March 7, 2011
Ministry of Tourism, Trade and Investment
B.C. GAME DEVELOPERS SHAKE UP SAN FRANCISCO
VICTORIA – More than 20 gaming companies from B.C. are back home and armed with important contacts after being matched up with distributers and publishers at the 25th annual Game Developers Conference in San Francisco, billed by organizers as the world’s largest conference and trade show for video game development professionals.
Silicon Sisters Interactive, Canada’s first female-owned and run video game studio, and Code Mystics, a game developer that specializes in cross-platform solutions, were two of these businesses.
Silicon Sisters Interactive attended GDC to promote School 26, their inaugural game. Geared toward pre-teen and teenage girls, the goal of School 26 is to befriend seven schoolmates and help them work through both their interpersonal and personal problems. School 26 is set to be released in early fall and will be available on iPad, iPhone, iPod, PC and Android platforms.
Code Mystics went to the conference to seek work-for hire projects, specifically for digitally-distributed console, PC and handheld platforms; form licensing partnerships with publishers to expand the platform options of their games; and find venues and outlets for Code Mystics own original concepts.
Larger companies also seeking buyers and strategic partnerships with distributors and publishers included Ubisoft Vancouver and Next Level Games.
Developers were assisted by the provincial government, which played matchmaker in the months leading up to the conference and during the show itself. This was accomplished through the Province’s California-based trade and investment representative and their International Relations and Business Development branch in Vancouver who set up meetings between B.C. companies and potential partners.
The provincial government worked with the federal government and its agencies to set up the Canada Business Lounge at a nearby hotel and host a networking reception attended by approximately 1,000 delegates.
Why It Matters:
British Columbia is home to more than 600 digital media companies that include video game developers. These 600-plus companies employ about 16,000 people and generate $2.3 billion in annual sales.
Margaret MacDiarmid, Minister of Tourism, Trade and Investment:
“Many of B.C.’s video game developers are smaller in size and appreciate assistance in establishing new business connections in international markets. Our government was pleased to help B.C. video game development companies at the Game Developers Conference make new contacts and build their customer base.”
Jeff Vavasour, president, Code Mystics:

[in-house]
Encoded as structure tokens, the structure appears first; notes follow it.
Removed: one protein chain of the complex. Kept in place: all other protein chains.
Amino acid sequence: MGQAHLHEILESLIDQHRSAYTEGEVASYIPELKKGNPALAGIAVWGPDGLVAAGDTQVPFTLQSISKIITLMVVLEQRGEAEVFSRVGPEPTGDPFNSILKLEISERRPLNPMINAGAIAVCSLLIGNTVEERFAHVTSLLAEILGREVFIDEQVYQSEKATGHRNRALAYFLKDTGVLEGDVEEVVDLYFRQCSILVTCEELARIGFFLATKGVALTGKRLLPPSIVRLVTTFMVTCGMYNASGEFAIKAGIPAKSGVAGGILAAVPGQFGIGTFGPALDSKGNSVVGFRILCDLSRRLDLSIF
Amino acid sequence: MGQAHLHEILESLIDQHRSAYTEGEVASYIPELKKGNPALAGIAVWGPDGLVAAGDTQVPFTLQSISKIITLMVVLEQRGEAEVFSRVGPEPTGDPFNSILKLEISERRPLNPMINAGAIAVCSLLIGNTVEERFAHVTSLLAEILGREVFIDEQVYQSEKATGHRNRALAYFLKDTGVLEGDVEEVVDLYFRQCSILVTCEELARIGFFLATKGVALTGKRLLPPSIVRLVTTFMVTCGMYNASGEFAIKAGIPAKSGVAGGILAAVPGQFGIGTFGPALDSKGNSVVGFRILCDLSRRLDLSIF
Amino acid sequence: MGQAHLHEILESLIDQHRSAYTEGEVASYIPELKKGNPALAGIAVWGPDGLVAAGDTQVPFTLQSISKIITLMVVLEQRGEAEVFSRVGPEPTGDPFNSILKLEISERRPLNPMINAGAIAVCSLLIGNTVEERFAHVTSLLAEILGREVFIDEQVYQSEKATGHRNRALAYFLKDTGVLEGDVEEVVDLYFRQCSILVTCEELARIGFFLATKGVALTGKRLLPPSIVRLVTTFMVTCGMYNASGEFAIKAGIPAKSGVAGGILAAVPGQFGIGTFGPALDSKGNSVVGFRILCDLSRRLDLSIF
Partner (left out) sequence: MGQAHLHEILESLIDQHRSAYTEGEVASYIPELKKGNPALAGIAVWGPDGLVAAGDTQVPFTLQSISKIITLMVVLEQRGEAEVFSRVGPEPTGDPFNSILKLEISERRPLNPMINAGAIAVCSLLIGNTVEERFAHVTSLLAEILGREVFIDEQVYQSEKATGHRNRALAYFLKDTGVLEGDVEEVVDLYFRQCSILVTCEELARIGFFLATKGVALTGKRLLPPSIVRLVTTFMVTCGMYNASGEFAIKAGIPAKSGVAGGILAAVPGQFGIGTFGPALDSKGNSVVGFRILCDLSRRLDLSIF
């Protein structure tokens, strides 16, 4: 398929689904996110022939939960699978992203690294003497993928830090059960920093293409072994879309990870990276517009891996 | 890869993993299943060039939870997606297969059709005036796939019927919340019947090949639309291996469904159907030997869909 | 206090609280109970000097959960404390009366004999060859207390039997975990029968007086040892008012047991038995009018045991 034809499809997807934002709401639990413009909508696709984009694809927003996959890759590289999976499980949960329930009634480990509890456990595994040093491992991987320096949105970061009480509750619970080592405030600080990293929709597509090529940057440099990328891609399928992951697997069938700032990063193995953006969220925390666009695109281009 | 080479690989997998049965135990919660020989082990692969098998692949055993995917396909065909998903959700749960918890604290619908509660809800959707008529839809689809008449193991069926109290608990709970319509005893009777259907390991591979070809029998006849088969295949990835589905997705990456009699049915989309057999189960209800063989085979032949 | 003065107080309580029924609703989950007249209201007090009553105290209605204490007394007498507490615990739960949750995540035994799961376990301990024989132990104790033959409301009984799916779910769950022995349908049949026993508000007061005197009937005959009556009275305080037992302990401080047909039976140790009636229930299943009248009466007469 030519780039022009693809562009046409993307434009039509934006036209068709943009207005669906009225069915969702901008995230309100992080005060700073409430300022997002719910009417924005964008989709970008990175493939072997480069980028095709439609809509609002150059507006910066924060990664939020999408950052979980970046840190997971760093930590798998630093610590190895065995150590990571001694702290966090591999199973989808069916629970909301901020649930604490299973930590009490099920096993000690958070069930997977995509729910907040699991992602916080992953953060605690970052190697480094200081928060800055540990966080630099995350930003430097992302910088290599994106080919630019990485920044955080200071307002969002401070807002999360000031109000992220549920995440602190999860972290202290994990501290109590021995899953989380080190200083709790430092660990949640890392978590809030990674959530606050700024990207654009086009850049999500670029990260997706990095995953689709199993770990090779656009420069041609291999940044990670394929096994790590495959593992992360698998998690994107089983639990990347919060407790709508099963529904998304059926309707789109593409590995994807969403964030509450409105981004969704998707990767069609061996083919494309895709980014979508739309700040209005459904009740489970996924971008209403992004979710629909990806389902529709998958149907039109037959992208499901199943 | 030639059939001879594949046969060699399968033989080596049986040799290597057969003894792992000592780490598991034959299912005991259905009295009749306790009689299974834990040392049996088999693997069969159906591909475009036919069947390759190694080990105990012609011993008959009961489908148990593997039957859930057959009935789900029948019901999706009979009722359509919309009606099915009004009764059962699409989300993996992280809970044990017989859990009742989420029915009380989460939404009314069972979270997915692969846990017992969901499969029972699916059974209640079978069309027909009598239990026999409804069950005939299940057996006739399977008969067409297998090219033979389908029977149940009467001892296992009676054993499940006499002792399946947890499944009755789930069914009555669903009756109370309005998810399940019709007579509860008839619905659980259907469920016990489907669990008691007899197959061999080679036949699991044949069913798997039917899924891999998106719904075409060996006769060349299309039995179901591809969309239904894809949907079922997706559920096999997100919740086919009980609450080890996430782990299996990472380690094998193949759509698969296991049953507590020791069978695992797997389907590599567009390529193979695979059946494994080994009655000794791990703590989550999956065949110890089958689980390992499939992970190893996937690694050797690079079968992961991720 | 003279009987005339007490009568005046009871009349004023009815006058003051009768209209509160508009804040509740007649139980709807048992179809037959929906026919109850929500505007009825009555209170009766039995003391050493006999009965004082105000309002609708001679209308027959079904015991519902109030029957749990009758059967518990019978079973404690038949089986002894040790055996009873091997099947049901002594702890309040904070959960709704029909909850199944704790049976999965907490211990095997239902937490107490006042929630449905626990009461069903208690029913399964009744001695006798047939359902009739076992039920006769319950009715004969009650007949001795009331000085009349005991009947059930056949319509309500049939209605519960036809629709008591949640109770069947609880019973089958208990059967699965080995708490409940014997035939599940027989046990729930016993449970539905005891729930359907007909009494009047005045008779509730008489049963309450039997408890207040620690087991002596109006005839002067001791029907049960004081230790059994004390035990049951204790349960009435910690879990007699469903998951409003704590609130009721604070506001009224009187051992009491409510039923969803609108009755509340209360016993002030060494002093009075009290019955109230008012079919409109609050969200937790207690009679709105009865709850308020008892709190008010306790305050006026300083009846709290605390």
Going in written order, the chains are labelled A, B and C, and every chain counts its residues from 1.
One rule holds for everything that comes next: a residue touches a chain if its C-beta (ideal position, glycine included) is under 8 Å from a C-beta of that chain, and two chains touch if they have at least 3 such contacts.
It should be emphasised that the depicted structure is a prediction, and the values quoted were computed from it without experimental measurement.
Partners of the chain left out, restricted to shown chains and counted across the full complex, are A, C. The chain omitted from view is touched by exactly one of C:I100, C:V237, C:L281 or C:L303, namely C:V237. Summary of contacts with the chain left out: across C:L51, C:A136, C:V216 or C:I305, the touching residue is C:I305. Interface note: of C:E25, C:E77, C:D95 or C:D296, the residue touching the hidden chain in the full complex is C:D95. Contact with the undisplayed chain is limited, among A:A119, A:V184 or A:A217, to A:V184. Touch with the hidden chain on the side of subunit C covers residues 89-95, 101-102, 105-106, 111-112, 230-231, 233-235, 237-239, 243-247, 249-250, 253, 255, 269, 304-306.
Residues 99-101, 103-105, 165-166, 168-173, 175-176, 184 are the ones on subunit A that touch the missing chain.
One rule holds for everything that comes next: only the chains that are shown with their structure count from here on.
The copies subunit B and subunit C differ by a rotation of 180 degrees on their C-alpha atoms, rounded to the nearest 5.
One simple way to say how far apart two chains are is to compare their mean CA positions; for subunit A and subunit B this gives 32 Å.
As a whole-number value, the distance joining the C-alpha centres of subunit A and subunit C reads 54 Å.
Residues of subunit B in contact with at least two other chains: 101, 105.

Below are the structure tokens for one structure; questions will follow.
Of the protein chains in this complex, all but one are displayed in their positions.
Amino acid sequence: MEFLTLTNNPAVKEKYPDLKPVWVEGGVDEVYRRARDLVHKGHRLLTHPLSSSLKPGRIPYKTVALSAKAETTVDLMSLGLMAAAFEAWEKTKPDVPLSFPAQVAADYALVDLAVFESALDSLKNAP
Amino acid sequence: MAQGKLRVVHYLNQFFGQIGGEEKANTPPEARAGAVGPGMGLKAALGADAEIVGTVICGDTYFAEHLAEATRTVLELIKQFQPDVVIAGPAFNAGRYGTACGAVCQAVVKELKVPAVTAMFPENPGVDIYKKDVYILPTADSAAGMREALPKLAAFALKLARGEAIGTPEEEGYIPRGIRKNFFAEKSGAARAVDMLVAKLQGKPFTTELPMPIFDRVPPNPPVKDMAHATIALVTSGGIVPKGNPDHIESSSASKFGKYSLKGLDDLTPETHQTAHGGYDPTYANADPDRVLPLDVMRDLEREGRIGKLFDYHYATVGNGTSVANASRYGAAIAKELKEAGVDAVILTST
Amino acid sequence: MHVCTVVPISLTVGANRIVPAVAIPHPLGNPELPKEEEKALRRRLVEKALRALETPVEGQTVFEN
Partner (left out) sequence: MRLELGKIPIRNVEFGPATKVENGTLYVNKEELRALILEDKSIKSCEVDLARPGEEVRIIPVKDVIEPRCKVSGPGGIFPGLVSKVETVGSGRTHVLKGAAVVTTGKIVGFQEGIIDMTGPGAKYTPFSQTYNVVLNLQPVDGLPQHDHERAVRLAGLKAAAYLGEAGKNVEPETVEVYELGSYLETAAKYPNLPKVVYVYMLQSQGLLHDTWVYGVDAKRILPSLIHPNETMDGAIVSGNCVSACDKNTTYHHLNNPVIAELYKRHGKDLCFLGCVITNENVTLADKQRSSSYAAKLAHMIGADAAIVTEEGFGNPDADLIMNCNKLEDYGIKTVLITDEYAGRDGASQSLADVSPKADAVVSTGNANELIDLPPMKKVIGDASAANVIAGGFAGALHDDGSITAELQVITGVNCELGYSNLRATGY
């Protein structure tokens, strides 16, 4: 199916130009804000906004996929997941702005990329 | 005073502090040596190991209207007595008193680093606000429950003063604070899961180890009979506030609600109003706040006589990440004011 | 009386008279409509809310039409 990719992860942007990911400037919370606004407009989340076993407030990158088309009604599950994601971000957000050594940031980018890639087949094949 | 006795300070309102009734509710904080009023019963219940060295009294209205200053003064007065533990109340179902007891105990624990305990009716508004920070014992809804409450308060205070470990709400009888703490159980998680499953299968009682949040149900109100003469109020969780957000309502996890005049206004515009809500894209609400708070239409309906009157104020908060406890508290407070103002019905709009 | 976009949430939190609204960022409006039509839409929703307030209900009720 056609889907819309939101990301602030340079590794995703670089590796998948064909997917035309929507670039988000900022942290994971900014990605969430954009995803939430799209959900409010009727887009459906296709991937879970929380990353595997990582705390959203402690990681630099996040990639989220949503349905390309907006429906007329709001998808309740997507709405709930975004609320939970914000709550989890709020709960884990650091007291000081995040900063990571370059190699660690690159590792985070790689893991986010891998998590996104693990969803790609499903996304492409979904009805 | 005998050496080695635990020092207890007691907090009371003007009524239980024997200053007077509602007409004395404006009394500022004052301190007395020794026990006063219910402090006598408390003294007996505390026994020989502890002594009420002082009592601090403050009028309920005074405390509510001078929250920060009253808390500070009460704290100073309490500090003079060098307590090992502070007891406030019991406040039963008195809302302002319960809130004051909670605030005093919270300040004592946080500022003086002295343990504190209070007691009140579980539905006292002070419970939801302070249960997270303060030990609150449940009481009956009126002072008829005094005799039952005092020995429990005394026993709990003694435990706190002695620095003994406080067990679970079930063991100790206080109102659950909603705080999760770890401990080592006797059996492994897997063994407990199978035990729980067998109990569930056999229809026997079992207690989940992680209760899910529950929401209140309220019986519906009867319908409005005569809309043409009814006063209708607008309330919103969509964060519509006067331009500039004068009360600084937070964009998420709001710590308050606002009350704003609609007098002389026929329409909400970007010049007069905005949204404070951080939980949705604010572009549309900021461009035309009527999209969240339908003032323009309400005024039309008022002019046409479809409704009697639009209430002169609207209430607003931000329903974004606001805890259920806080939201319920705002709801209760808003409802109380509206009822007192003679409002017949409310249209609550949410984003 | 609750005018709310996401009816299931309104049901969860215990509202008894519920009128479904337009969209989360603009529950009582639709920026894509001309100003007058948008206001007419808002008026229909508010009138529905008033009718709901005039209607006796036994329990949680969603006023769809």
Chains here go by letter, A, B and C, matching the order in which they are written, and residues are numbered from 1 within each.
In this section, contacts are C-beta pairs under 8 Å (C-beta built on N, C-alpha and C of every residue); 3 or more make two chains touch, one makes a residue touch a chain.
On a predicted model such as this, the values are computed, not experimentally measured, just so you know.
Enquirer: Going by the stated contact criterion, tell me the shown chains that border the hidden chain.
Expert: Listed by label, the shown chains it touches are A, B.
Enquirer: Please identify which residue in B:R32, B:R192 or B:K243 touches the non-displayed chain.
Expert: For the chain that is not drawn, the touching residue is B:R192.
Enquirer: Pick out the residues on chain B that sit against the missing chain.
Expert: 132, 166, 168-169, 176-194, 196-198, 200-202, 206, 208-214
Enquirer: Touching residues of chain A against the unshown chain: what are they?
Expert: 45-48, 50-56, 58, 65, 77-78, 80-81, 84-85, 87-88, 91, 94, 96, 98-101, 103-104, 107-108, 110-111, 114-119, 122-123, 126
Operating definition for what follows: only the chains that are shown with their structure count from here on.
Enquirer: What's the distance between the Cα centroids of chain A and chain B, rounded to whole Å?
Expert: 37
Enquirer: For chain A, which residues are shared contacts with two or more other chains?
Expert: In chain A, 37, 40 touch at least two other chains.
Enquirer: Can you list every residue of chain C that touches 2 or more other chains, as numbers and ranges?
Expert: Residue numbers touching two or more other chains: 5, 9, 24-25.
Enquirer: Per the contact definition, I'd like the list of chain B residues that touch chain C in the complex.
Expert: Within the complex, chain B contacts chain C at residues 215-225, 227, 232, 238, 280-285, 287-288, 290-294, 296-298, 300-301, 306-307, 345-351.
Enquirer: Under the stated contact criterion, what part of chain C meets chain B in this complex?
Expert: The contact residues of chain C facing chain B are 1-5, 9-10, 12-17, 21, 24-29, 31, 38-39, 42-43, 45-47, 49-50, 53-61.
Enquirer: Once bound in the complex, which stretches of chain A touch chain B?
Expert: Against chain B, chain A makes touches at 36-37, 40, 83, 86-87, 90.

“Being able to demonstrate our games in-person and interactively with our clients is great. These are busy publishers, and we get their full attention and their immediate feedback. We learn a lot about what works and what they're looking for simply from their reactions. Often brand new opportunities will pop up spontaneously in conversation. It’s very dynamic and not something you could ever accomplish simply sending pitch documents. It feels like a giant step forward on some fantastic opportunities.
“You can’t beat the opportunity to meet face-to-face with so many clients. At GDC, you can accomplish in minutes what takes weeks in emails and phone calls.”
Brenda Bailey Gershkovicth, CEO, Silicon Sisters Interactive:
“Silicon Sisters Interactive had an outstanding GDC. With our new game, School 26, coming to market in early spring, the conference was the perfect opportunity to get the word out on the game, as well as to show the product to potential publishing and distribution partners.
“While at GDC, I spoke at the Women in Games party with Zynga’s Mark Pincus, the man behind Farmville. He had a chance to play School 26, and gave us some ideas about our second product that we plan to take to Facebook. I also met with various development partners to discuss publishing our properties and spoke with PC portals about distributing the PC version of School 26.
“The meetings at GDC were invaluable and it was a great cost savings to have all of this work occur over a five-day period in one location. Everyone I needed to talk to was at GDC!”
· The Games Developers Conference started on Feb. 28 and ended on March 4.
o Organizers estimated 18,000 industry professionals would attend the conference.
o More than 400 lectures, panels, tutorials and roundtable discussions on game development topics, taught by leading industry experts, took place at the conference.
· Silicon Sisters Interactive is the first female-owned and run video game studio in Canada.
o Silicon Sisters is committed to developing inspirational games with a decidedly female focus.
o Silicon Sisters’ first game, School 26, will be released at Apple’s iTunes Store on March 17, 2011.
· Code Mystics is a game developer specializing in cross-platform solutions with a particular focus on handheld and casual platforms as well as digital distribution.
o Code Mystics has developed Atari Greatest Hits Volumes 1 and 2 for Nintendo DS, Dragon’s Lair for both DS and DSiWare, and classic Atari games for online play.
o Code Mystics also has original property in development for DS, iPhone and the web along with developing two projects for clients, one for Xbox 360 and PS3 platforms and the other for the iPhone.
· Video game developers in British Columbia can receive a provincial Interactive Digital Media tax credit equal to 17.5 per cent of qualifying labour costs.
Silicon Sisters Interactive:
Game Developers Conference:
The Digital Media and Wireless Association of B.C.:
British Columbia’s International Trade Representatives:
Ministry of Tourism, Trade and Investment
Brenda Bailey Gershkovitch
CEO, Silicon Sisters Interactive
President, Code Mystics
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